I don't really know how to answer this question and here's why: it's kind of like in the US, where five years ago (or so) they were playing Michelle Branch and Vanessa Carlton on the radio more or less constantly, and now no one knows who they are, and when I was in high school you were either for Britney or for Christina and now one of them is Xtina and I haven't even heard her last album, and the other one is famous for being crazy. So I can tell you that in 2003 they were playing Blestiashche and Via Gra and various other trashy girl singing groups all over the place and pretty much every single music video had a token lesbian make-out session in it and there was some song called "Shokoladny Zayets" (Chocolate Rabbit) by a guy originally from Africa and the music video was so intensely racist (with the role of Creepy Pervert played by some guy that looked just like Lucius Malfoy) that I cringed every time it came on the air and none of my Russian friends could understand why, but all of these things are so flash-in-the-pan popular that I am sure that anyone currently living in Russia would stare at you blankly if you mentioned them. Except maybe the Blestiashche thing, because one of their members played a vampire (and also, amusingly, herself) in the Night Watch movie.
Among other things to keep in mind are personal inclinations, social class/educational background, and location. Russia's a big country. And a lot of things that were very popular-- many of the soap operas, or serials, in Russia were and probably still are huge ratings draws-- were also things that a lot of the intellectual types I knew turned up their noses at. I knew twenty-something girls who were addicted to soap operas like Evlampia Romanova or something, and I knew others who would recoil the minute you mentioned them: "That? That is trash!" I only knew one Russian girl who listened to Zemfira (whose music I also love), and a couple of boys who listened to Leningrad simply to upset the teachers (some of Leningrad's language cannot be repeated in public). There is a huge variation in what is out there, and there is also a huge variation in what people like, and what people like at any given moment in time.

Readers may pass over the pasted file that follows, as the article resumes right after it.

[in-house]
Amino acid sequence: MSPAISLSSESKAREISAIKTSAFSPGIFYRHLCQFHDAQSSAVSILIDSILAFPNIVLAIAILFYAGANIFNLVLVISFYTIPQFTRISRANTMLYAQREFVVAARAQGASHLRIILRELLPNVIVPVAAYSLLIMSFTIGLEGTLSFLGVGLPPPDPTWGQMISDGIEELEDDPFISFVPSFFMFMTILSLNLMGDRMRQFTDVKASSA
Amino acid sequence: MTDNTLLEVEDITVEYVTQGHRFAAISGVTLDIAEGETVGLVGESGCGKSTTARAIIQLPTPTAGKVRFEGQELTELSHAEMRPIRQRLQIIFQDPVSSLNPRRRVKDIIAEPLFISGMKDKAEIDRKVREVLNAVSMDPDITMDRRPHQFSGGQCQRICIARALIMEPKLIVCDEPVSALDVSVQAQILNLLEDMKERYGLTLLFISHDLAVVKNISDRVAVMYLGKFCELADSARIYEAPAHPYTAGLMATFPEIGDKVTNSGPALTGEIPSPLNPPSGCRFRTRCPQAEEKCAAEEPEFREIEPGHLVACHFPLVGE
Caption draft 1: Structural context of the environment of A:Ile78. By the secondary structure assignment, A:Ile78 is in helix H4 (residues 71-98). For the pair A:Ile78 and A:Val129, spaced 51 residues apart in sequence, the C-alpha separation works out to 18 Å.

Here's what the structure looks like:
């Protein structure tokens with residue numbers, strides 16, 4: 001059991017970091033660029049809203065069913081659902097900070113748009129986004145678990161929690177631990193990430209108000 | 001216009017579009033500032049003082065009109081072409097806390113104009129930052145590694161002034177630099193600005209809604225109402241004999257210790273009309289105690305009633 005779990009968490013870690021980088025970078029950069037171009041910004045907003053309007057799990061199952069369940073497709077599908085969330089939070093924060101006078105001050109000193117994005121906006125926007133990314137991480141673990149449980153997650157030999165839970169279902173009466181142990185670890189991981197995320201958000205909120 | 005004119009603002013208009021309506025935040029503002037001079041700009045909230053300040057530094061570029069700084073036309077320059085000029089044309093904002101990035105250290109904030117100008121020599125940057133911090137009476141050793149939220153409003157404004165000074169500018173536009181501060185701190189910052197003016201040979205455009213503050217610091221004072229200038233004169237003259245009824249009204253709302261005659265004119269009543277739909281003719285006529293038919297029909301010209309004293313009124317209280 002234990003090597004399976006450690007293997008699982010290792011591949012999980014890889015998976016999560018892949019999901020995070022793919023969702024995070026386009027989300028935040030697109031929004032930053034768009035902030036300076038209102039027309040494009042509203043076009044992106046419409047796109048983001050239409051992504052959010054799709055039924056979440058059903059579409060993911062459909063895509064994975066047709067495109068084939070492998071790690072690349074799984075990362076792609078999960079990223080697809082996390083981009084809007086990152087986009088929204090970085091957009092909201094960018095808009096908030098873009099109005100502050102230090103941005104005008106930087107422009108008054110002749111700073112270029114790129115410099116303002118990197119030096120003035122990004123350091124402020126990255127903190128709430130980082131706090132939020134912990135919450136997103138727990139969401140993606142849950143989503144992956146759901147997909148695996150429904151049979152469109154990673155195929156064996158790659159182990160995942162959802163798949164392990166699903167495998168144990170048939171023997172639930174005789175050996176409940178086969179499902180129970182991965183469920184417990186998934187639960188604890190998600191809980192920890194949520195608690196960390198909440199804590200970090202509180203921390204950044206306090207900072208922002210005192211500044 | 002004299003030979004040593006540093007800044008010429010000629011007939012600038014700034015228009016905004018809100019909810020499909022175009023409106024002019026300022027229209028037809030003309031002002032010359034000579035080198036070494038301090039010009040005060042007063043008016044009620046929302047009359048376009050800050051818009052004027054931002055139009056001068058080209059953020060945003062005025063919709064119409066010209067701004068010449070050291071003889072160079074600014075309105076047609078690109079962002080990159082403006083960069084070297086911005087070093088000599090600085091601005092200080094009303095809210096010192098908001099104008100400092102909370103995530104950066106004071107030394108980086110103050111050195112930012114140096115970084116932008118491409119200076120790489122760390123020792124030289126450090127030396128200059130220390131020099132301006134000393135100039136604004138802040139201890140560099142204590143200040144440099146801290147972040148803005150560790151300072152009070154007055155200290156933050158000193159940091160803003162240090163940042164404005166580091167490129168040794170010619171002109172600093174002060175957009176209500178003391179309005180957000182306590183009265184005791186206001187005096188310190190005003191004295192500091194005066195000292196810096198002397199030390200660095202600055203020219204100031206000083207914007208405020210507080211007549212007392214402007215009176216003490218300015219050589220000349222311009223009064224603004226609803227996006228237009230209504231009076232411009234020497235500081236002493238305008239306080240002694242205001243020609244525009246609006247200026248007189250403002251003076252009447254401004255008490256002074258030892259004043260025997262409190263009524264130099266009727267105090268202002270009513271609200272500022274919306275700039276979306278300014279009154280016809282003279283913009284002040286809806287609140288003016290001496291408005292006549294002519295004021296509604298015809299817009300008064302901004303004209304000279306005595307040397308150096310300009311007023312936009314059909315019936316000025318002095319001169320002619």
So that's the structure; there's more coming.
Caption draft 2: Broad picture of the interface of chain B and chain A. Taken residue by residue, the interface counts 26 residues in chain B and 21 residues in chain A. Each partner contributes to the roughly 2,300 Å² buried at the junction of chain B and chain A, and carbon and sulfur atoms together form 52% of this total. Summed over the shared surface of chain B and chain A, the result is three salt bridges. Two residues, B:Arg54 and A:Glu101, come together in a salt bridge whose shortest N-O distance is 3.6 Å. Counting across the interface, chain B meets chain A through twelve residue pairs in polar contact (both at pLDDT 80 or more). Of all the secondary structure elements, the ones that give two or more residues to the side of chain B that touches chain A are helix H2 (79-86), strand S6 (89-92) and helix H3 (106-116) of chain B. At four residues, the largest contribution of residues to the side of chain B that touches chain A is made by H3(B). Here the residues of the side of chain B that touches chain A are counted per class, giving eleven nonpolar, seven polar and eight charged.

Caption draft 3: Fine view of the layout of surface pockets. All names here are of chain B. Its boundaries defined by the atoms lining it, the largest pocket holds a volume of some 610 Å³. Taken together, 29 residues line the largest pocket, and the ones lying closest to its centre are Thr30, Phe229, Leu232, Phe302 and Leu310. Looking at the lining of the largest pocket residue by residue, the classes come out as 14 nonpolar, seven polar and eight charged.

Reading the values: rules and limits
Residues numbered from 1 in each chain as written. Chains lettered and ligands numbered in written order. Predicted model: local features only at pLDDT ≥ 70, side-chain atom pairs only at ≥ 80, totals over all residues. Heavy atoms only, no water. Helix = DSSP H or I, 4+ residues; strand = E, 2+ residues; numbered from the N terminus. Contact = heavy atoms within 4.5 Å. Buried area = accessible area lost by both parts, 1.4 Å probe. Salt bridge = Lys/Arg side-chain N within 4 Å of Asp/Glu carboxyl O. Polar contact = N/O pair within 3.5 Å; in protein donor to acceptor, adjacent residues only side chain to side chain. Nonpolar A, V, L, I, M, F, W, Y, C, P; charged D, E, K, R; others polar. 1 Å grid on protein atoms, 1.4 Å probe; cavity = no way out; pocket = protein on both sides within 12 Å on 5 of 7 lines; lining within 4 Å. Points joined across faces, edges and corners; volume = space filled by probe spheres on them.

posted by posadnitsa at 8:19 PM on August 28, 2009 [1 favorite]


I'm a 20-something in Russia now. It's pretty hard to find the average Russian student... pretty much everyone I know has their own particular tastes and there's not that much overlap. So I asked a 20-something Russian student what he thought the average 20-something Russian student would be listening to, reading, and watching.

Music
His answer was "for guys, underground rap like Nagano, Mnogotochiye and Центр". I'd add that DDT are widely known and liked in terms of singalongs. In terms of more pop stuff, Макsим is on a lot. This was being played pretty constantly, too. And Uma2rman's gig here last year was pretty popular.

Books
All the girls are crazy about Twilight. (not Russian, but extremely popular here)
SF/Fantasy is popular - I was given the Strugatski brothers as a good example. People have recommended Pelevin to me, but I got a blank stare when I mentioned him today. Boris Akunin still gets some love.

TV
Most popular channel is TNT. KVN is still a student favourite, as is Comedy Club and Nasha Russia. The equivalent to Big Brother is "Dom-2": everyone says they hate it, but they seem to know who's on and what they're doing ;-)

Cinema
In terms of native Russian cinema, the most popular recent serious film was Taras Bulba. Russian comedies like Hitler Kaput are not particularly well-regarded by anyone I know. Oh- Stilyagi was good and popular. Also, relatively recent Oscar hope 12 should be mentioned.

Anyway, I would guarantee that any given Russian will hate at least some of the stuff above, but they will know it. Also, I've tried to stick to Russian stuff here, but (especially in cinema and books), foreign is extremely popular.
posted by Wrinkled Stumpskin at 4:20 AM on August 29, 2009 [1 favorite]